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Hillel students gather on Capitol Hill for 10th annual Jewish Disability Advocacy Day

by Hillel News |Feb 04, 2020|Comments

Students and professionals representing Hillels from the Washington, D.C. area gathered on Capitol Hill Tuesday for Jewish Disability Advocacy Day.

The daylong program, organized by Jewish Federations of North America and sponsored by Hillel International, attracted 300 people, the largest delegation of participants in its 10-year history. Featured sessions included speeches from bipartisan lawmakers and panel discussions with disability and inclusion experts, such as former Sen. Tom Harkin (D-Iowa), whose signature legislative achievement is the Americans with Disabilities Act.

“Every person with a disability has a right to be who he or she wants to be, and to have access to any other support in order to have a full, meaningful life,” Harkin said.

Participants learned about two pieces of legislation introduced by Congress in 2019. The Isaiah Baker and Margie Harris-Austin Act would allow Medicaid-covered individuals with disabilities to have their direct support professionals continue caring for them if they’re hospitalized. 

The ABLE Age Adjustment Act would adjust the age cap, from 26-years-old to 46-years-old, for the ABLE program, which eases financial stress for people with disabilities by allowing them to establish tax-advantaged savings and investment plans.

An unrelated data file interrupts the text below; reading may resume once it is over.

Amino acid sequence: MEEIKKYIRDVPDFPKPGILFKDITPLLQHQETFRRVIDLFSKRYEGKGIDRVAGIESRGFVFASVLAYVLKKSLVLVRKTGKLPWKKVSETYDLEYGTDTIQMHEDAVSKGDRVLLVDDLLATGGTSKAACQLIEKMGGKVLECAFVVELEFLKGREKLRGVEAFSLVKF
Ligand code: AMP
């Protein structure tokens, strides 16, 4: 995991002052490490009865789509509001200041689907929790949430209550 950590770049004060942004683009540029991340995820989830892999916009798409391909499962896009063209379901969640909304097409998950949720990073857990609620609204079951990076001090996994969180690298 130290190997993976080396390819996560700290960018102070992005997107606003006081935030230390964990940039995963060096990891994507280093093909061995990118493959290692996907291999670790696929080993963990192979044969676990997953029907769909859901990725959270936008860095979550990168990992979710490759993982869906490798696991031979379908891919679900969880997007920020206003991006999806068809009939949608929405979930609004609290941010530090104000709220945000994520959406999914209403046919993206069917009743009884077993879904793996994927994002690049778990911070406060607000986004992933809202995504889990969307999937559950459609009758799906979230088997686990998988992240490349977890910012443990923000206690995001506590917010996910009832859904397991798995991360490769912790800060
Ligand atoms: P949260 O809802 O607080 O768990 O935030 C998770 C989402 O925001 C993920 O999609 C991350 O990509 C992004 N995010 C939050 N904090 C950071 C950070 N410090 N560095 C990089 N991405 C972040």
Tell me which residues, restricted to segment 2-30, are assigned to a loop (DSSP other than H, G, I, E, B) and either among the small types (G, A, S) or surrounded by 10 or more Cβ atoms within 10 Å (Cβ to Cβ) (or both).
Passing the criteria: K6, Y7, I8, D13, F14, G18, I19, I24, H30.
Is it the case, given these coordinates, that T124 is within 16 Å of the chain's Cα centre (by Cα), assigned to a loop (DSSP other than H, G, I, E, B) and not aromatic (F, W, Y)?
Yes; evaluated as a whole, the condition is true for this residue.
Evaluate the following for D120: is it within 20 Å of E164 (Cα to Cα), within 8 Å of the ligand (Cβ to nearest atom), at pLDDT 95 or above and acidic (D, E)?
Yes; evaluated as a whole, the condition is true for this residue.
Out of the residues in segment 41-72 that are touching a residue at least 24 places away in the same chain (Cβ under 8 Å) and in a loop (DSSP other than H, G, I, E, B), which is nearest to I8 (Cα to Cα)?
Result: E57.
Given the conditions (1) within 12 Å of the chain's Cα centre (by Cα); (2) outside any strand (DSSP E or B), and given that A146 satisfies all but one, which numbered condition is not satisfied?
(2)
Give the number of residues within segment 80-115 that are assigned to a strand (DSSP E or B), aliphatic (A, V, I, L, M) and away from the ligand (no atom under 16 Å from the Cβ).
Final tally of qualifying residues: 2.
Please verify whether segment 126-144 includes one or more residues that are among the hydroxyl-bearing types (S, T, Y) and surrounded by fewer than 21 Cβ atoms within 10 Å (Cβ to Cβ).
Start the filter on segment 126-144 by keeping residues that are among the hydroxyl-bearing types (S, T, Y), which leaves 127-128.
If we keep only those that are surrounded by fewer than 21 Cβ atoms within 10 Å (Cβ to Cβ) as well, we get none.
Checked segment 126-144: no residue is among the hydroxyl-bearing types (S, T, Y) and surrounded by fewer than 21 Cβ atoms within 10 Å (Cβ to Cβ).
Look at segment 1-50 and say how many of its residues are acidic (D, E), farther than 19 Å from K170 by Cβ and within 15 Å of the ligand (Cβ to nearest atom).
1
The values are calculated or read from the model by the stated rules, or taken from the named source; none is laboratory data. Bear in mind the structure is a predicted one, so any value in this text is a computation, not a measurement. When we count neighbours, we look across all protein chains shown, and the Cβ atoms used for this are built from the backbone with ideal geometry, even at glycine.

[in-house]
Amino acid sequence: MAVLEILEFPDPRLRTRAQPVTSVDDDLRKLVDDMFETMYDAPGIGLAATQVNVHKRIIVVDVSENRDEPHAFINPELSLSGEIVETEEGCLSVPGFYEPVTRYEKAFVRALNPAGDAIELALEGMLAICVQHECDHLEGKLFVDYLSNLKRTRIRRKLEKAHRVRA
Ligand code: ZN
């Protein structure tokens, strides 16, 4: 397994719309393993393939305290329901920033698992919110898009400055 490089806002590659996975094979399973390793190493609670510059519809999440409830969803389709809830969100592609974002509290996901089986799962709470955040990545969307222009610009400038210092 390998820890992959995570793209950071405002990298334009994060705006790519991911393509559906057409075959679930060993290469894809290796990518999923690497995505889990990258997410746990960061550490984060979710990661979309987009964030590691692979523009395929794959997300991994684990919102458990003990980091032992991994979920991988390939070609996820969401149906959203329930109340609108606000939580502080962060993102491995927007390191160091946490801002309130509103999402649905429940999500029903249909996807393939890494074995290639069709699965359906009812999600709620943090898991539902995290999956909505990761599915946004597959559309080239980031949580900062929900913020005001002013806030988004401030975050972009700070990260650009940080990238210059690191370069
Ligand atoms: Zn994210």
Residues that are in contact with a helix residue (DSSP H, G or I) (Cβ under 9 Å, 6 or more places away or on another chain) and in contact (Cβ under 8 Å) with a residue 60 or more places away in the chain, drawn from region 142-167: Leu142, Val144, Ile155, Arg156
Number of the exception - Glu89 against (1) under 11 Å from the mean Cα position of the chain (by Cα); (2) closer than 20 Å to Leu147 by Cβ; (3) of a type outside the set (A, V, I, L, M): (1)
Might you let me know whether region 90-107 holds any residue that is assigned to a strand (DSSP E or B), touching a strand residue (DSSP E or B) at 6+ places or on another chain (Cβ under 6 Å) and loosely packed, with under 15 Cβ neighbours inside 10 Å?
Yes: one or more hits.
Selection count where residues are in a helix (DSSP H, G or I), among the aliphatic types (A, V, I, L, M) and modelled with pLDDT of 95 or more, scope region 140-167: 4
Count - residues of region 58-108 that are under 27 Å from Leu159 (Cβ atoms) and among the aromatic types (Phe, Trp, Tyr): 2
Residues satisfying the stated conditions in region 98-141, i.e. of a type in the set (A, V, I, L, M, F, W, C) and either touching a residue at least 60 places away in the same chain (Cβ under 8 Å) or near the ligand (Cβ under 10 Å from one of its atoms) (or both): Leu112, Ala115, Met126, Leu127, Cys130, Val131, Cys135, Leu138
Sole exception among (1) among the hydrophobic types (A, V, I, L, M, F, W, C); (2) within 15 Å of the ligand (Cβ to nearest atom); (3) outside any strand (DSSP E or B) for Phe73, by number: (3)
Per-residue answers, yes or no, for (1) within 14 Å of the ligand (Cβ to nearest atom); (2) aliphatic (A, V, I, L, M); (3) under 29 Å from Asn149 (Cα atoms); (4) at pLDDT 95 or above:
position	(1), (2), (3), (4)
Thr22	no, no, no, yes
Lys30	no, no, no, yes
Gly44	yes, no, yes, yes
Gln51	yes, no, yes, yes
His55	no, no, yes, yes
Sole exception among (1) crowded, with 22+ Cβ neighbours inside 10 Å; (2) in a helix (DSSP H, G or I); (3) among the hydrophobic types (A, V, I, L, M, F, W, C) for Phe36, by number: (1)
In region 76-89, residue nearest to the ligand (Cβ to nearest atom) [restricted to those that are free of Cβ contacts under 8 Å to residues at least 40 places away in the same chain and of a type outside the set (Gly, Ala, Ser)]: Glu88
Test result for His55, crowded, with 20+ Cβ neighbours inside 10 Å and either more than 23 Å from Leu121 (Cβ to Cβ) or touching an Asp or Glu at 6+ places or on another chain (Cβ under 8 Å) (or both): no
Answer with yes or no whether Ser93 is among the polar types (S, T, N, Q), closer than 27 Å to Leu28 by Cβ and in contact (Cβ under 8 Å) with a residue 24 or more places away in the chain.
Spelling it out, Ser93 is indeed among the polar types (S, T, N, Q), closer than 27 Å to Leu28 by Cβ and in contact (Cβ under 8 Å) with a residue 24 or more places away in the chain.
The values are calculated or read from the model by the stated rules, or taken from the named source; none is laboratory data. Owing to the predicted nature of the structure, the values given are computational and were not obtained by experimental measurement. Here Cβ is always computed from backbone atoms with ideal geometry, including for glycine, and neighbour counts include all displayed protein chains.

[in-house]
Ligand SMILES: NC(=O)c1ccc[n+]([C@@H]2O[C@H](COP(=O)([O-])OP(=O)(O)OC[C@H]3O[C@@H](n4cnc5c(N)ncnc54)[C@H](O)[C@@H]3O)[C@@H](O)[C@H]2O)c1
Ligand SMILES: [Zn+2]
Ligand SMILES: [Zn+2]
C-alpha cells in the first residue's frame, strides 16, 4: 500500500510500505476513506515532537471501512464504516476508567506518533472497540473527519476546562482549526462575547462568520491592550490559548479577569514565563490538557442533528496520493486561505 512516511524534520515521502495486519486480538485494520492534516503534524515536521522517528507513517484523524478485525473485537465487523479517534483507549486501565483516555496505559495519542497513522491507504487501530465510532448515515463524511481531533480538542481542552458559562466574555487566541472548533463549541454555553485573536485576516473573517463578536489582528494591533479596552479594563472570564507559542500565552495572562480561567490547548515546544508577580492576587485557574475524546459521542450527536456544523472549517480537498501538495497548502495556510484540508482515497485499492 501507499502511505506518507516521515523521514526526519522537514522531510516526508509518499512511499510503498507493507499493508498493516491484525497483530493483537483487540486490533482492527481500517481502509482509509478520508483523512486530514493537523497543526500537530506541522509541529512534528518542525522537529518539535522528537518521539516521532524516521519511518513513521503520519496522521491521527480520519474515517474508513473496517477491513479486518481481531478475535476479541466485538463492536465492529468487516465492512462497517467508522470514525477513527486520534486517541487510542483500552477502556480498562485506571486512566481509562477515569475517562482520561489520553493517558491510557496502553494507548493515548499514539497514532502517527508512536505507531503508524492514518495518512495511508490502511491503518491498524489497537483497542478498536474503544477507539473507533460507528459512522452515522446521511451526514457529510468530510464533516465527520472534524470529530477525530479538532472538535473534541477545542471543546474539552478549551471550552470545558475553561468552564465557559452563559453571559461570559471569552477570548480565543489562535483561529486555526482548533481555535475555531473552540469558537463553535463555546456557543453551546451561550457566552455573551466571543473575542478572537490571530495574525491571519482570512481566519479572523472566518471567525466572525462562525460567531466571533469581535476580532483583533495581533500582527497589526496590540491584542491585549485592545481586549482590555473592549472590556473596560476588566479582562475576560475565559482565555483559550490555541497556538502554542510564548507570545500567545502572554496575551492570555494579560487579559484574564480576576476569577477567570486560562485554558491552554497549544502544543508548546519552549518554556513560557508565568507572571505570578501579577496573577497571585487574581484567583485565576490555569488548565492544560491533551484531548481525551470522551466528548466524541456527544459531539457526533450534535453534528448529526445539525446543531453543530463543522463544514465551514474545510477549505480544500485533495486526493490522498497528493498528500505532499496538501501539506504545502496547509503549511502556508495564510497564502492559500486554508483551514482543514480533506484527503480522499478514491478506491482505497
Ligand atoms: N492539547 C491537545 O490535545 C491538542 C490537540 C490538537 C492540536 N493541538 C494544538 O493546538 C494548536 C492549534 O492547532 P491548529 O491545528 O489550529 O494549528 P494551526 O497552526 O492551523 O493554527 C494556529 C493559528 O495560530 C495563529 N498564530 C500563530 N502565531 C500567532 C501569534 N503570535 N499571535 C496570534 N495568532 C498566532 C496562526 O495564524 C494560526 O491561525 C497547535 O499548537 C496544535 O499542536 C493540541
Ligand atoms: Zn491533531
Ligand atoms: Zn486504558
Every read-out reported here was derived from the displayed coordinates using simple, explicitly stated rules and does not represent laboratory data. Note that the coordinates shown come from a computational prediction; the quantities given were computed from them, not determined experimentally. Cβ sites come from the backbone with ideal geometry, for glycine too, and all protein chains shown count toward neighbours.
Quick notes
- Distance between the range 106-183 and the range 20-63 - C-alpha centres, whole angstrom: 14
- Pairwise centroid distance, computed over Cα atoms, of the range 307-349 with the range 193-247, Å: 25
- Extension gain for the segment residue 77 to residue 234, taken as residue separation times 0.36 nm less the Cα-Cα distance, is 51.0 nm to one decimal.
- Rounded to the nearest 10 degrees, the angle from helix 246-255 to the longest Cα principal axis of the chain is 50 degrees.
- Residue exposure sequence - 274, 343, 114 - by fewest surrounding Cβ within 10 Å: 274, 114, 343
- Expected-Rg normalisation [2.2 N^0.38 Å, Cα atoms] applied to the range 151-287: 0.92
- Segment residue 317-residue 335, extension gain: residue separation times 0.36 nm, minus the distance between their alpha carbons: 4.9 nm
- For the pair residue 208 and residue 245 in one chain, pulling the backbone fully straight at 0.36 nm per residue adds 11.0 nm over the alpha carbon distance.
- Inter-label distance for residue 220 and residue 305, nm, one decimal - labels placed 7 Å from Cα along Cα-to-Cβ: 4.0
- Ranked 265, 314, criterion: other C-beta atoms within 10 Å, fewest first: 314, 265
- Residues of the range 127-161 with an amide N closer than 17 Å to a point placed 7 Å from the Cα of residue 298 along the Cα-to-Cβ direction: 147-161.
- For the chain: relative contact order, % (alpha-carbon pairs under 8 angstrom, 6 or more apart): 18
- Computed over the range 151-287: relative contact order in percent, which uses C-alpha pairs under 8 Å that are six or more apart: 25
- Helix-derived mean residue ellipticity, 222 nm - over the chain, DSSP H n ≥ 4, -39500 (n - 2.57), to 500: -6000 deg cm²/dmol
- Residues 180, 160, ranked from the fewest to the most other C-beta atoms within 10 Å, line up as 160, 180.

Rabbi Deborah Waxman, president of Reconstructing Judaism, delivered a D’var Torah highlighting Moses, a powerful Jewish leader with a speech impediment.

“We advocate out of the recognition that people with disabilities deserve to live in societies where both the laws and culture reflect and advance their full humanity,” Rabbi Waxman said. “Being disabled is the one minority group that any of us can join at anytime.”

Various speakers highlighted 2020 as a historic year for disability rights, noting the 30th anniversary of the Americans with Disabilities Act and the 45th anniversary of the Individuals with Disabilities Education Act.

Many also emphasized that each person is of infinite worth, citing the Jewish teaching of B’tzelem Elohim, meaning humans are created in the image of God. The message resonated with Sara Evangelista, program director at Johns Hopkins University Hillel.

“As a representative of our radically inclusive community, I can be doing much more to ensure that I see and recognize each of my students as being created in the divine image,” Evangelista said. “I know that each student is welcome for exactly who they are, and after JDAD, I am inspired to live those values in a more impactful way.”

Awards were presented to leading disability activists, including Judy Heumann, the first special advisor for international disability rights at the State Department.

For Madelaine Reis, Heumann is a Jewish hero.

“Listening to her talk about her activism reminded me why I do this and to never stop fighting,” Reis said.

The American University graduate student said her own battle with chronic illness inspired her to become a leader in the realm of disability and inclusion on campus. She organized the first Hillel Inclusion Week while serving as a Ruderman Inclusion Ambassador at University of Central Florida Hillel.

Now, Reis is continuing her advocacy work at American University.

She said, “Going back to my campus, I now know that I have a network of Jews across the country who are in this fight with me and could possibly work with me in the future to do disability programming.”

This story was written by Shana Medel.

 


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